“A lot of it is very specific, a lot of unique things come with an athlete’s life cycle. Whether it’s the way of investing, framing how we think about money… Because their journey is going to be very different from somebody in a corporate job working for 35 years and then retiring. For us it’s about having the personal experience and being able to speak the same language.”
When talking about athletes and money, I always remember Shaq - he talked about blowing the entirety of his first million dollar check away in one day, spending 70k in one haul at Walmart after being traded… Yet now, he’s a successful businessman and entrepreneur. How does a person go from one to the other so well?
“Shaquile O’Neill is a great example of both ends of the spectrum - from spending his entire first check and not knowing anything about the money to having more than 20 business ventures. He made a good decision that a lot of athletes should make, and he found a good team of finance people around him to give him good advice. Sometimes you learn by making mistakes, but if you have the right team around you, those mistakes don’t have to compound and make a bigger mess in the long run.”
Do you think there’s a lack of understanding of what to do after the sports career is over? There’s players who retire at 35 and think to themselves: What now? This is all I know.
“You have to understand that athletes who retire at 30, 40 years old have put two decades of focus into their sport. Day in, day out, thinking about how to get better at what I’m doing. And that process of transitioning away from this can be very hard. Something athletes should do a better job at - and something I always encourage - is finding something you can be good at after your career, while that career is still going on. Of course you focus on your sport, on your main thing, but as an athlete, you have open doors and conversations that can happen that might give you a way to interesting opportunities. Maybe you’re interested in real estate, investment banking, you can always find someone to talk to about that. Just understand there is life outside of sport."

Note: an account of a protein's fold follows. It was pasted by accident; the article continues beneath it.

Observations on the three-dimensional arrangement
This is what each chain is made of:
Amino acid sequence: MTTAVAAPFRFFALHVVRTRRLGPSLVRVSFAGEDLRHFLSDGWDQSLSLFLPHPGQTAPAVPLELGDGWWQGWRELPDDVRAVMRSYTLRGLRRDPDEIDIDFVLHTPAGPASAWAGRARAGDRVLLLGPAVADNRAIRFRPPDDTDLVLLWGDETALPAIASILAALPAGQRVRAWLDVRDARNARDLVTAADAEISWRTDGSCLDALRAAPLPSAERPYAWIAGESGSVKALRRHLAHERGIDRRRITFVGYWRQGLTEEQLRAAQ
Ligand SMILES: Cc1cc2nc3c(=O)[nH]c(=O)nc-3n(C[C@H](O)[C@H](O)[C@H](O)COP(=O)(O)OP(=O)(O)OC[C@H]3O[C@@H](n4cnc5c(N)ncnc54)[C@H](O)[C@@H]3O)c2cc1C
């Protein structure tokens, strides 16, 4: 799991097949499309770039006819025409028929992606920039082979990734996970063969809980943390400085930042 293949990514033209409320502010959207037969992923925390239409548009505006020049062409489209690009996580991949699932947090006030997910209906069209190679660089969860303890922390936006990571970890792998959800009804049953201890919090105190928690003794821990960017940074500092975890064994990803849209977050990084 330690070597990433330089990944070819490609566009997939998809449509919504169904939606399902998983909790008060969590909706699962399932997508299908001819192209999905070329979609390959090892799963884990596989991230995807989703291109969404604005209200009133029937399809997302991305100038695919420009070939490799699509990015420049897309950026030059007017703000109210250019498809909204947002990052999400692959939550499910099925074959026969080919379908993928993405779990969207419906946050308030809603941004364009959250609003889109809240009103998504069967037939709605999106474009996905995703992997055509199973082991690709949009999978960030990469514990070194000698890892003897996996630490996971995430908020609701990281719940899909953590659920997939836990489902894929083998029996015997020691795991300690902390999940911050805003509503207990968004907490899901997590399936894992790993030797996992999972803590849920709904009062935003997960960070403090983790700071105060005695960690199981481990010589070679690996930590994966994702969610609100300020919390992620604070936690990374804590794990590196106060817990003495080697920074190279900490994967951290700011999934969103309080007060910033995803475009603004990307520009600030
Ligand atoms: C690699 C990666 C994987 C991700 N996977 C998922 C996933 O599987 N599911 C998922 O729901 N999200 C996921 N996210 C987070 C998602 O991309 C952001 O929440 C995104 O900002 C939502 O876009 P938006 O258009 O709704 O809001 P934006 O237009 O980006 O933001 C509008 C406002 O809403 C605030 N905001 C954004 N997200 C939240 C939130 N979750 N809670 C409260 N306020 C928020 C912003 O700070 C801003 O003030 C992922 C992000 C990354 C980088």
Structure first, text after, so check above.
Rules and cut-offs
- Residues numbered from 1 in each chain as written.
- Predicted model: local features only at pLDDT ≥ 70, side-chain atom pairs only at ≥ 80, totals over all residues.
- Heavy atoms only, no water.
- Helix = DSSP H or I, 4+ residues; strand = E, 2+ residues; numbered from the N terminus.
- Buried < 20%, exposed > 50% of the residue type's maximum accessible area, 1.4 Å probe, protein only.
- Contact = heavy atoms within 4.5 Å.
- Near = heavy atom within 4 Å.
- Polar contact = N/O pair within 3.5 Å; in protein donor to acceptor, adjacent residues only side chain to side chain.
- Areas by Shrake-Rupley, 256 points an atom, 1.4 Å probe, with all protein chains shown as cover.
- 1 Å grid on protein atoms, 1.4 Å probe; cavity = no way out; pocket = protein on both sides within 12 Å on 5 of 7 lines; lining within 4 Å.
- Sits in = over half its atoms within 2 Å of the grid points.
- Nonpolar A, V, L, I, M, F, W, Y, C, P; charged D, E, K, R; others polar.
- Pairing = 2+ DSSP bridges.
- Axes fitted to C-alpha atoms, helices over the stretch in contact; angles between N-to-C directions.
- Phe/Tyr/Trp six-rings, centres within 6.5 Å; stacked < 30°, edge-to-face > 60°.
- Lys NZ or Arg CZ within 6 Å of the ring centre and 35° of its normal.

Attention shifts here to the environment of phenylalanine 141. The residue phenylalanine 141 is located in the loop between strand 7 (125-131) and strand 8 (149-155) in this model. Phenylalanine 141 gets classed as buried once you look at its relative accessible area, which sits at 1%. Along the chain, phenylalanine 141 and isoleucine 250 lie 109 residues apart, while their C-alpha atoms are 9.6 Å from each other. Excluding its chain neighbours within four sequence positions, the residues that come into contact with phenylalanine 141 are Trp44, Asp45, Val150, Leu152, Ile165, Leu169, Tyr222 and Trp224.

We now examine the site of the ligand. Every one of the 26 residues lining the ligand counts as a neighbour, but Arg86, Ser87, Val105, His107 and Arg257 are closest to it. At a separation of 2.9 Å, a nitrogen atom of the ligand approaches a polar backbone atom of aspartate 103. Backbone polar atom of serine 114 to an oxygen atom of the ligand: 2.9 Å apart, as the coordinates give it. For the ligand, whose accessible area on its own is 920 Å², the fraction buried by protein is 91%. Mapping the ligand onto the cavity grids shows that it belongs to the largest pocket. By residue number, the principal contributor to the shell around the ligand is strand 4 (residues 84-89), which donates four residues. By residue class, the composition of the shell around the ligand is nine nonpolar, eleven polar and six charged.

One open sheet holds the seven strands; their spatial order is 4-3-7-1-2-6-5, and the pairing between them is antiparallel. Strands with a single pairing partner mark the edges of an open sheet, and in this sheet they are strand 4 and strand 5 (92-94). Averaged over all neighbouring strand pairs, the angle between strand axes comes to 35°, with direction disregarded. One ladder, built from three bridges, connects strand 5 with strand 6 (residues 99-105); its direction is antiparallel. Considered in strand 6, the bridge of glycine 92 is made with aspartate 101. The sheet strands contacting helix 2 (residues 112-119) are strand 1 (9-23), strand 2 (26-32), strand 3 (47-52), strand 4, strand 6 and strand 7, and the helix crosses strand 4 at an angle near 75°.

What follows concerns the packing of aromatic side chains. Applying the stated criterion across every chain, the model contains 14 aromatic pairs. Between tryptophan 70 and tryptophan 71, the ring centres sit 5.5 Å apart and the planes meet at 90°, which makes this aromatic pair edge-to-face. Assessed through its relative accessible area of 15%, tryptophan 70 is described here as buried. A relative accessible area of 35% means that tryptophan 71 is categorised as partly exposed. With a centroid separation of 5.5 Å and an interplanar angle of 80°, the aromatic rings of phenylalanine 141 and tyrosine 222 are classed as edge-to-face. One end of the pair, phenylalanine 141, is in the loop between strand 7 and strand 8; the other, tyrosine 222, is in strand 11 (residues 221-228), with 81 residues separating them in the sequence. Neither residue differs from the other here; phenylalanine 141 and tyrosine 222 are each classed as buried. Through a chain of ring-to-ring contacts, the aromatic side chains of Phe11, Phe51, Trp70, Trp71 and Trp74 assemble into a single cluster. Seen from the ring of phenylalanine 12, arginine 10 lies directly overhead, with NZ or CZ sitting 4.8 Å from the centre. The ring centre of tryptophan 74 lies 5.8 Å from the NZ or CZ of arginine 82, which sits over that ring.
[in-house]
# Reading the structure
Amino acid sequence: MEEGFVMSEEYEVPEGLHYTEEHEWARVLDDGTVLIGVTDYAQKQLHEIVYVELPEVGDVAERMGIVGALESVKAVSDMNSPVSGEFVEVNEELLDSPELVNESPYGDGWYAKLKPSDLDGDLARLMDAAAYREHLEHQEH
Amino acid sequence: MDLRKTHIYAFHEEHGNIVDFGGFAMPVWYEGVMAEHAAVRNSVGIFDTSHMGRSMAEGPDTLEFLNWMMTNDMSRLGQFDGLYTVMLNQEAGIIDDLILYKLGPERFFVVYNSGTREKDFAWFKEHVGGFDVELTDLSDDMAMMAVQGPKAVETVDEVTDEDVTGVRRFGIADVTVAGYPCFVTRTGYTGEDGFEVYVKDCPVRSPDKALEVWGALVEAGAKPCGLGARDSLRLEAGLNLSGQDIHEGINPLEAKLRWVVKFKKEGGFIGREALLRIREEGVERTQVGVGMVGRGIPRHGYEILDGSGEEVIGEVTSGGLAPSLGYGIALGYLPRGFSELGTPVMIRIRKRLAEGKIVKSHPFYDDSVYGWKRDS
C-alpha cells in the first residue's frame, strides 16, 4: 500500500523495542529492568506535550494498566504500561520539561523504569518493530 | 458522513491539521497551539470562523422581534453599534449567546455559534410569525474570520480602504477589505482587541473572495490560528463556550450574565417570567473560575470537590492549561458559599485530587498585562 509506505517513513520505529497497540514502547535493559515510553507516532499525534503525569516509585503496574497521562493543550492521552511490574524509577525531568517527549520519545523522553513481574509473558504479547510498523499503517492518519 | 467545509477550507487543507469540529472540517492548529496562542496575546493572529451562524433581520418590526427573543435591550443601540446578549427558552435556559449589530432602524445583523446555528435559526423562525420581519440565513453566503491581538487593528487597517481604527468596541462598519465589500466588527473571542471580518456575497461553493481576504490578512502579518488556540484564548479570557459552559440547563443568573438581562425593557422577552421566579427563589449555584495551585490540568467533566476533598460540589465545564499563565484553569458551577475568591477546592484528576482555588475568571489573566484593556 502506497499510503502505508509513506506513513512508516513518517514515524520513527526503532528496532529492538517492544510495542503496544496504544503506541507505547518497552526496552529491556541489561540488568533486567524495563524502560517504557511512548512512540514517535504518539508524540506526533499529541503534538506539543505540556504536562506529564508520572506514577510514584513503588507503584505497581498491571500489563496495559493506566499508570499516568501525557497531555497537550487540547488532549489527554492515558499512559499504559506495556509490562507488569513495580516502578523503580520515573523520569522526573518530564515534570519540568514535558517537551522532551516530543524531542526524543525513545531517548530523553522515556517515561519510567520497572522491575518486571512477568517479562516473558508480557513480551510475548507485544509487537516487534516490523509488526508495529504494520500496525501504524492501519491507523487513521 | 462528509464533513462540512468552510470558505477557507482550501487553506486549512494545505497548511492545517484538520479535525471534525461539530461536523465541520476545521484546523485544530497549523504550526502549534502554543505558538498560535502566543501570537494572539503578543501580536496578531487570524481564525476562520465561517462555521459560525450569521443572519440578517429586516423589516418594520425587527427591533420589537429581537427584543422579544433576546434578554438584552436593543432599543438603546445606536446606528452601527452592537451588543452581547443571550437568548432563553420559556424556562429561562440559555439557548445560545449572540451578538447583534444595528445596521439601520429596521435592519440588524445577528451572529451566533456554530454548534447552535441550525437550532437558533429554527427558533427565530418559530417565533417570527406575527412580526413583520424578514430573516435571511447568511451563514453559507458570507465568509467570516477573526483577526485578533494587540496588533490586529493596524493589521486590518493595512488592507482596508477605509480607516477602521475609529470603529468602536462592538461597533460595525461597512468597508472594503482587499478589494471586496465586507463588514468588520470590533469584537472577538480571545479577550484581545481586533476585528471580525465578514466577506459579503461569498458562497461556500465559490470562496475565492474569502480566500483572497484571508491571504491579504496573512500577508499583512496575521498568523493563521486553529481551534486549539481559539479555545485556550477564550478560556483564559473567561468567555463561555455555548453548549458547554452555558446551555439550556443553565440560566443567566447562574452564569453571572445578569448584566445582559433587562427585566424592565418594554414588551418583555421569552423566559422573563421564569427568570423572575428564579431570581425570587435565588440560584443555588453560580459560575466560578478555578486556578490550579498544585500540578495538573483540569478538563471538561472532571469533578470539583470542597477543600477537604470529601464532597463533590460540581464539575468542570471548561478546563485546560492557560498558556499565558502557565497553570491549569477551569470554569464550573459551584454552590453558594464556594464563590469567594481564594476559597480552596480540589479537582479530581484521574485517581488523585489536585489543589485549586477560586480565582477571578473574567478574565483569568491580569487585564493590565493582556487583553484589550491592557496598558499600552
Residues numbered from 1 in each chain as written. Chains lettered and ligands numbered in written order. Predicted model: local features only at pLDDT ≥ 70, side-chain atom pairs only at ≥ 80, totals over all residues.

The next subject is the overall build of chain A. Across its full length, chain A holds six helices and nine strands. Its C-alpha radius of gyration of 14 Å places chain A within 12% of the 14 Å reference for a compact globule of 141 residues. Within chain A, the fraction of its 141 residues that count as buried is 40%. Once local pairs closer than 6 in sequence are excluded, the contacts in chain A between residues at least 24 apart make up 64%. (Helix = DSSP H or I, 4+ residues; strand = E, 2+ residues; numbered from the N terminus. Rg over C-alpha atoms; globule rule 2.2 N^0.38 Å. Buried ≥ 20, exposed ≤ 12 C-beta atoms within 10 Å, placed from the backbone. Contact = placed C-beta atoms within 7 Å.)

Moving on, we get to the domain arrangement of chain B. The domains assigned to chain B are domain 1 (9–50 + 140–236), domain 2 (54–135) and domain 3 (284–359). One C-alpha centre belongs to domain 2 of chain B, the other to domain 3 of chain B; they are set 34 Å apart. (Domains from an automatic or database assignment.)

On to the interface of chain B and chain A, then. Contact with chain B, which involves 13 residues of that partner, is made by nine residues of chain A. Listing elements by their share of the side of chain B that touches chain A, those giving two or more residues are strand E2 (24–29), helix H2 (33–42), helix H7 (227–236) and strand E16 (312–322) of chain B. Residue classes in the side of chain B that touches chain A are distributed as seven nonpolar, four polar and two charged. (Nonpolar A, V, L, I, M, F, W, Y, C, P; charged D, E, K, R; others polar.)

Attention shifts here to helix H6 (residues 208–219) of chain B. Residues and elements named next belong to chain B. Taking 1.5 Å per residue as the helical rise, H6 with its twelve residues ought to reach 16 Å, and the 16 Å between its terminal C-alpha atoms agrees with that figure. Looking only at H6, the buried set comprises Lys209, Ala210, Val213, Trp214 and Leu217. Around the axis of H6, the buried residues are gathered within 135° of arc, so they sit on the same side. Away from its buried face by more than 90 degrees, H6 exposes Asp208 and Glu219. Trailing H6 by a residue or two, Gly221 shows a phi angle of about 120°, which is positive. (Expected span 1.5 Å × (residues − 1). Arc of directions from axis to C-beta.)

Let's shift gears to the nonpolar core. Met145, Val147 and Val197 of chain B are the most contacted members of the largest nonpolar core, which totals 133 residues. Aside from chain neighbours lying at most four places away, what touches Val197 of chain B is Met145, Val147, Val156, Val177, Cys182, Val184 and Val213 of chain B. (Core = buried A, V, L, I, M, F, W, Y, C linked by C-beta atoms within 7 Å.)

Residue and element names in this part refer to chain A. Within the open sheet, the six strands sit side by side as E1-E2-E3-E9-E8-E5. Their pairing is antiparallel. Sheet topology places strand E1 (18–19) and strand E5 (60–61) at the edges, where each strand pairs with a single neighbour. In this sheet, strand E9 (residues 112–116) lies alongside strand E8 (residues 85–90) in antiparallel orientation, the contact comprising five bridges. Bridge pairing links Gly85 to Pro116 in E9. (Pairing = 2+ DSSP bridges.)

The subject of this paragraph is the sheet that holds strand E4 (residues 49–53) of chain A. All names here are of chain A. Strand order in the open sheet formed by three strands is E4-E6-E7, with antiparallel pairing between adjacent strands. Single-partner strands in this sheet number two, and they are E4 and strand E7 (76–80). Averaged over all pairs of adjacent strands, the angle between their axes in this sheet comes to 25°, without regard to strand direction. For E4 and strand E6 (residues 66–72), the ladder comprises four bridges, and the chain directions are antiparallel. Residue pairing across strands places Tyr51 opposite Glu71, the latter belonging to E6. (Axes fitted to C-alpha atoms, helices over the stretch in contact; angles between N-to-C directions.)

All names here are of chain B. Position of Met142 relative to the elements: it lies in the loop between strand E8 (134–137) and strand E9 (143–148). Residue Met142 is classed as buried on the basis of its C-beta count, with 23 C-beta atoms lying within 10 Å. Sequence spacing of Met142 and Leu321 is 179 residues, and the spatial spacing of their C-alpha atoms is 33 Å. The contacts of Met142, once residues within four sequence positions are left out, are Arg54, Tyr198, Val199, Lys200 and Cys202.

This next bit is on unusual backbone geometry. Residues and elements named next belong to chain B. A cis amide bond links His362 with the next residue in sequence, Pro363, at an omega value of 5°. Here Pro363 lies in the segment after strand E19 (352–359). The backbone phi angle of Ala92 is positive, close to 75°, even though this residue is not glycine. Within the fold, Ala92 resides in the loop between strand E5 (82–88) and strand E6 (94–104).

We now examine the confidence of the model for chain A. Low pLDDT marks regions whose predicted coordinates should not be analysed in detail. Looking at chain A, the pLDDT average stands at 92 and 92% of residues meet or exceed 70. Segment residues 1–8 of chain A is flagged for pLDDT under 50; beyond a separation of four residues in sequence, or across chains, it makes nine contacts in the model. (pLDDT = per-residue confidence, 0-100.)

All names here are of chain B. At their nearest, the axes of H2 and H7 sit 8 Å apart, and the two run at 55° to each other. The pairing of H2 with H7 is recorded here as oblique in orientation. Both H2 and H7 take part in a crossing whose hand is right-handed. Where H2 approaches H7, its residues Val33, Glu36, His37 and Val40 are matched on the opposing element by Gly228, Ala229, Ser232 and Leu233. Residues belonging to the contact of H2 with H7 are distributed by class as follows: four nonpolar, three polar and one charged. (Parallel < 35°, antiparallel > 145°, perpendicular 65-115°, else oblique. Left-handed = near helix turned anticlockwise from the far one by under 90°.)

What do you think are the best investments for young athletes?
“I don’t think it’s smart to think about individual investment opportunities, rather to figure out how to frame your long term strategy. The biggest blessing for athletes is that they come to money at a very young age. But there is a flipside to it - if you come to this money at 18, 21 years old, your life is going to change a lot in the next ten years. And there also needs to be an element of protection - you don’t know where you are going to be in the next couple of years.”
Many people find new investment opportunities in crypto currencies and ‘fan tokens’. What is your opinion on that?
“There’s a big difference between investing and speculating. Investing is something that you know is going to grow over a course of time - the stock market has had its ups and downs, but over a hundred years we have seen it grow a healthy amount. These new speculative investments seem sexy, modern, but you don’t know what will happen to them. They can be a homerun, but they can also be a total strikeout. We have to be investing for the long term, and if we want to speculate a little bit, we need to know how much money we can allocate to that.
So sort of investing money you’re almost okay to lose?
“Yeah, you have to realize these kinds of investments can go to a hundred just as well as they can go to a zero. And you have to be okay with that.”
Is there a sports star you would give as a role model for young athletes, somebody who has had a very ‘healthy’ relationship with money in their career?
“I don’t think I can say just one name, there’s thankfully a lot of people like that. We hear a lot about the NBA stars like LeBron James, Steph Curry, Kevin Durant, the 0.001 percenters, the real big superstars. But there are people who don’t reach their level of notoriety, but still have great success in their sports career and in business ventures at the same time. And a lot the times they can put it together - we have clients who have explored moving to the front office of their teams or to the broadcasting booths while they were still playing, and I think it has worked out well for them.”